WEB POLL

what do you think about the UPR recommendations to the United Arab Emirates?

Interesting recommendations
25%
I expected better
50%
I don't have an idea
25%
Total votes: 4
The voting for this poll has ended on: August 2, 2018

25 juin eng 

 Geneva, June 25, 2019

The International Centre for Justice and Human Rights has learned that human rights activist Ahmed Mansoor is being abused and mistreated by Al Sadr prison authorities. He is currently languishing in solitary confinement in total disregard of the effects that this unfair detention and ill-treatment may have on his psychosocial well-being.

He is also deprived of his most fundamental human rights. He is denied the right to access the money sent by his family to buy what he needs in prison. He is not allowed to exercise, walk in the open air or even have a bed. Inside his cell, Mansoor still sleeps on the floor. These detention conditions and the ill-treatment perpetrated against him constitute a serious breach to the Federal Law No. 43 of 1992 on Regulating Penal Institutions and the Body of Principles for the Protection of All Persons under Any Form of Detention or Imprisonment.

The authorities have neglected his health condition and banned him from receiving family visits, see his lawyer and be examined by a doctor. In March 2019, he had to start a hunger strike to protest against these abuses, including his ill-treatment and the systematic deprivation of his fundamental rights. Ahmed Mansoor might enter another hunger strike given that his harsh detention conditions remained unchanged after his last hunger strike.

The ICJHR noted that the UAE Public Prosecution systematically refuses to fulfill its obligations and responsibilities when it comes to prisoners of conscience and human rights activists including Ahmed Mansoor. The Public Prosecution has ignored the multiple allegations of torture and ill-treatment and has systematically refused to consider the requests calling for an impartial investigation. Furthermore, the Prosecution also refuses to carry out visits to the UAE detention centres and prisons in order to monitor the situation of Ahmed Mansoor and other human rights defenders and hear their grievances.

Ahmed Mansoor was the last human rights activist remaining in the UAE before his arrest on March 20, 2017. He was detained for publishing posts on social media that were found by the Public Prosecution of Cyber-Crimes as “provoking sedition, sectarianism and hatred on social media, threatening the national unity and social peace and damaging the State’s reputation" pursuant to the provisions of the Federal Law No. 5 of 2012 on Cyber-Crimes. The Appeal Chamber of the Federal Court of Abu Dhabi sentenced him on May 29, 2018 to 10 years’ imprisonment, fined him one-million dirhams and ordered to confiscate all his electronic devices and to place him under administrative control for three years.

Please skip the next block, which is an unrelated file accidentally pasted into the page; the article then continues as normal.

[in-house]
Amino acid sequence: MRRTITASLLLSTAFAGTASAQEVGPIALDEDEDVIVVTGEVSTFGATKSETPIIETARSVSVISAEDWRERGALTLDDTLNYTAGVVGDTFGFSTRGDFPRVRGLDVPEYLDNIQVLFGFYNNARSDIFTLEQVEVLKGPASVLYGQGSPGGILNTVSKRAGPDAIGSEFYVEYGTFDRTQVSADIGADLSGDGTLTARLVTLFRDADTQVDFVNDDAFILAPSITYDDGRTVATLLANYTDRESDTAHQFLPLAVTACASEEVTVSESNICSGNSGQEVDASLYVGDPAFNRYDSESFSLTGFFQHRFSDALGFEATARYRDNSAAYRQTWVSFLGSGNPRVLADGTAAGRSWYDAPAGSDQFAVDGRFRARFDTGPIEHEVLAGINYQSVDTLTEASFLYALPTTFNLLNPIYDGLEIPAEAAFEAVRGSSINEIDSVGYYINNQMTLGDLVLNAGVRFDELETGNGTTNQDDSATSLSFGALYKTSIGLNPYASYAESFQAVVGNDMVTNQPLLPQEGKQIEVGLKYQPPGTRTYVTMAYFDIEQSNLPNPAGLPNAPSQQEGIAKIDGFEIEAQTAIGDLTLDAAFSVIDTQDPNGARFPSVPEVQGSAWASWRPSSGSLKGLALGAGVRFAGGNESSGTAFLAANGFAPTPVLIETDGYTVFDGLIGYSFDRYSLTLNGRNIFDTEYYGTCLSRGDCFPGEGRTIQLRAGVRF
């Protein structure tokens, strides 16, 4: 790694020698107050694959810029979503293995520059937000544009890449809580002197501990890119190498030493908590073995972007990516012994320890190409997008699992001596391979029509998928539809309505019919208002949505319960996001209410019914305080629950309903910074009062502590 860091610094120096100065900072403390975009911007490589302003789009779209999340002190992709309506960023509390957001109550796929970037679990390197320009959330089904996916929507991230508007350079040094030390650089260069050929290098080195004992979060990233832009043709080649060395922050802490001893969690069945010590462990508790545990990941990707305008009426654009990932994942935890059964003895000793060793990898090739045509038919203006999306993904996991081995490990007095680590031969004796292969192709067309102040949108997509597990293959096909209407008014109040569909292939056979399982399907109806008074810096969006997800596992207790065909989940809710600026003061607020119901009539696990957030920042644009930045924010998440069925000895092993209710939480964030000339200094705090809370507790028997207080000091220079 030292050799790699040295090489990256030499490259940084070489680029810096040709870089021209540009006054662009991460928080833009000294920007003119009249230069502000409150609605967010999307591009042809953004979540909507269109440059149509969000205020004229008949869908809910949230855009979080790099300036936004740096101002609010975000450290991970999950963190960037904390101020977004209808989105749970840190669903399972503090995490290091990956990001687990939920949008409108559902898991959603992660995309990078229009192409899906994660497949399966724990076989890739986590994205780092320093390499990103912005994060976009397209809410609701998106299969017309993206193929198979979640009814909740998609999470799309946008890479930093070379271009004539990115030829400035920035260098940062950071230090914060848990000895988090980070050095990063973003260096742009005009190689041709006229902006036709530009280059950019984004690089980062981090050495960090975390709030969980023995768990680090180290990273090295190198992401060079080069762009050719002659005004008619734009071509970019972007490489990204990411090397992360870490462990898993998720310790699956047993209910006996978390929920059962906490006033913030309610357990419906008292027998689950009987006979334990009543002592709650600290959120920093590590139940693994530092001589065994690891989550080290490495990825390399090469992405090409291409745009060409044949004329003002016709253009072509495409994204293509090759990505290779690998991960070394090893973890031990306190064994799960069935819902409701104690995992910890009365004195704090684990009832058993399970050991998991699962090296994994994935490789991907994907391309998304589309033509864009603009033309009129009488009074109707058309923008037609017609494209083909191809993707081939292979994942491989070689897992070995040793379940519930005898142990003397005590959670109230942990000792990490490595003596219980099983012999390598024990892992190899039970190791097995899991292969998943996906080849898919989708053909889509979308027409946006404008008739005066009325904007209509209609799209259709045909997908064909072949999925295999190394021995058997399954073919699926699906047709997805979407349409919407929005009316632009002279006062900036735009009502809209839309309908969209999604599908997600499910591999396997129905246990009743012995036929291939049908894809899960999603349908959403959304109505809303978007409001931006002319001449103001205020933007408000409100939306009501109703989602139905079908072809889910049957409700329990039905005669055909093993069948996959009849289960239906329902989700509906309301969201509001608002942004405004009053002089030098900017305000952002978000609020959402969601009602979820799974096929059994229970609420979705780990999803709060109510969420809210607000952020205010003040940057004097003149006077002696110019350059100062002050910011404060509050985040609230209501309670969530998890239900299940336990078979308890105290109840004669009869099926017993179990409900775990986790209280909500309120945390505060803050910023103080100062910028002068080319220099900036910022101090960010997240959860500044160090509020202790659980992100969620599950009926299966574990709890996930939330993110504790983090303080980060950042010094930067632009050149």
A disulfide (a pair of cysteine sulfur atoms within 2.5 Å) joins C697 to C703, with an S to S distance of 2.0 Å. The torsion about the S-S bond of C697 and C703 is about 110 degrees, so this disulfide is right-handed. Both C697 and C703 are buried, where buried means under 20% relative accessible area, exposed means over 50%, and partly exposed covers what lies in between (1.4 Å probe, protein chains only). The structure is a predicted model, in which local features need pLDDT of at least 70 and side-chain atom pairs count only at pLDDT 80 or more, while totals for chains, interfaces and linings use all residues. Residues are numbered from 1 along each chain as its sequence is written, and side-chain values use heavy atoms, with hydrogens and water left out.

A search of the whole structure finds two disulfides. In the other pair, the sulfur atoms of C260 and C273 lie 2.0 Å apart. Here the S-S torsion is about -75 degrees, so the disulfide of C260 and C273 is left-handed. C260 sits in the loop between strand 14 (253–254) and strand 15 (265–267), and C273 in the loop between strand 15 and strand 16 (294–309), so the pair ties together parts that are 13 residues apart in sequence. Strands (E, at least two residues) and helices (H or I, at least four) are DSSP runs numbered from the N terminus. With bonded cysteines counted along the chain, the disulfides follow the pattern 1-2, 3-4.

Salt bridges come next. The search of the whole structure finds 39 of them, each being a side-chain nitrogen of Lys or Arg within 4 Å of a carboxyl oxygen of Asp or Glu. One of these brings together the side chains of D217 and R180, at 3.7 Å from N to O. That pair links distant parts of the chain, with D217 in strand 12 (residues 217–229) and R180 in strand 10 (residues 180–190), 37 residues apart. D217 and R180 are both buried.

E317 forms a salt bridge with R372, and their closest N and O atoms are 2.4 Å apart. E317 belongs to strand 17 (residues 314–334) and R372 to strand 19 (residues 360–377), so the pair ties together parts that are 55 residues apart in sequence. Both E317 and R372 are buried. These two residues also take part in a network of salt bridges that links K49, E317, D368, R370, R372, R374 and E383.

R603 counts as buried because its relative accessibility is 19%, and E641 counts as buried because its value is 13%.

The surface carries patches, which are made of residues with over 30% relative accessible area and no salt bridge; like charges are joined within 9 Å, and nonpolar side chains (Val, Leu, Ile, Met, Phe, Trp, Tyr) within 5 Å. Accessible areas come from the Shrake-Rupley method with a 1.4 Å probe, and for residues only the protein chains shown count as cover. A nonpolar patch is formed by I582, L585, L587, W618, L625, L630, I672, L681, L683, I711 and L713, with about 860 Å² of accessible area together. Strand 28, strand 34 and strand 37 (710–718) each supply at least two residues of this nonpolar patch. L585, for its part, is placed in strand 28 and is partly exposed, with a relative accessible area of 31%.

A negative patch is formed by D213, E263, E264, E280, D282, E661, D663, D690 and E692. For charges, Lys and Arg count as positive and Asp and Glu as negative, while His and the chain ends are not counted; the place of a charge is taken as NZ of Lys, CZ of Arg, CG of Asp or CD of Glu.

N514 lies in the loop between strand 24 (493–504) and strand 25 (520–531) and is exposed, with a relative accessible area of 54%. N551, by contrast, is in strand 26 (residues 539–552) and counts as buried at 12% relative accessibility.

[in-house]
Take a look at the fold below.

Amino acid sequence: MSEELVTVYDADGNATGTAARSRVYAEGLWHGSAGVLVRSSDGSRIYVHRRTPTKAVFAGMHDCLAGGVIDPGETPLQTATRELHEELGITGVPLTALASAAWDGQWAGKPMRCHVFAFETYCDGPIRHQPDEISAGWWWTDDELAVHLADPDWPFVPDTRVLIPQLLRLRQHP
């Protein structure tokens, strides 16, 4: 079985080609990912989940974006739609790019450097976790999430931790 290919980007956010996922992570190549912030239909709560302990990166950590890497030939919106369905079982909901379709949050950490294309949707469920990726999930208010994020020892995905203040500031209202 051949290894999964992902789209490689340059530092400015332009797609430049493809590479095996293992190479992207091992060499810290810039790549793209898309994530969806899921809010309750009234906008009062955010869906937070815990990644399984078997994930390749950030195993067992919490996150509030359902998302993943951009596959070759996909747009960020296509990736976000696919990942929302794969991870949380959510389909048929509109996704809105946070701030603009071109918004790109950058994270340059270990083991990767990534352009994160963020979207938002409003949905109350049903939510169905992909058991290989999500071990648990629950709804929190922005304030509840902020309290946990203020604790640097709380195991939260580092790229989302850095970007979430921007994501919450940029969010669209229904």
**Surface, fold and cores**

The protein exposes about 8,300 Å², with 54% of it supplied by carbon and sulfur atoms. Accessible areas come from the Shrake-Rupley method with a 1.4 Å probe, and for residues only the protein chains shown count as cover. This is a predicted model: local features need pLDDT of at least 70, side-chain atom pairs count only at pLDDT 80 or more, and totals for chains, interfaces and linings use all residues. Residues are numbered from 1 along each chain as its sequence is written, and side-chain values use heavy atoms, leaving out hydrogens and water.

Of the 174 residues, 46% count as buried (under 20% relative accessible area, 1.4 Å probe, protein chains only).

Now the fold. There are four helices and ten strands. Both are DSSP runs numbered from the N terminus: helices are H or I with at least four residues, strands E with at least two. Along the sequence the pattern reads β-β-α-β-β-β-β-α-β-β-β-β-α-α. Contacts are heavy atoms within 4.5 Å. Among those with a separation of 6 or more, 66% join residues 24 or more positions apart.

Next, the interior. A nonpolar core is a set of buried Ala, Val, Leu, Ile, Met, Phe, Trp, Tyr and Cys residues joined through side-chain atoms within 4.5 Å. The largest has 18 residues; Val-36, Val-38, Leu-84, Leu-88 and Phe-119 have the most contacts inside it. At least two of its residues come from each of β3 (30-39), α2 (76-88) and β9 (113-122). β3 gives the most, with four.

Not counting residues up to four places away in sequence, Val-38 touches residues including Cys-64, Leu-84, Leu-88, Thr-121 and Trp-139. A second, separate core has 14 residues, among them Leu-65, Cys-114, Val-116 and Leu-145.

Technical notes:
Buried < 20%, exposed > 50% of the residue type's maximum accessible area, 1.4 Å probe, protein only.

The ICJHR remains very concerned about the continuous harassment and abuse of human rights activist Ahmed Mansoor, and therefore urges the UAE authorities to:

  • Immediately and unconditionally, release human rights activist Ahmed Mansoor and conduct a prompt investigation by an independent body into the allegations of torture and ill-treatment inside the prison. 
  • Hold accountable those found responsible, bring them to justice and give Ahmed Mansoor the right to proper remedy and rehabilitation.
  • Stop violating the rights of human rights activist Ahmed Mansoor and other prisoners of conscience and comply with the provisions of Federal Law No. 43 of 1992 on Regulating Penal Institutions and the Body of Principles for the Protection of All Persons under Any Form of Detention or Imprisonment.
  • Allow the UN Special Rapporteur on torture, the Working Group on Arbitrary Detention, the UN Rapporteur on Human Rights Defenders, the Subcommittee on Prevention of Torture and other International Human Rights Organizations to visit Ahmed Mansoor and other prisoners of conscience, in order to inspect the living conditions in UAE detention facilities to assess the authorities’ compliance to relevant with international standards.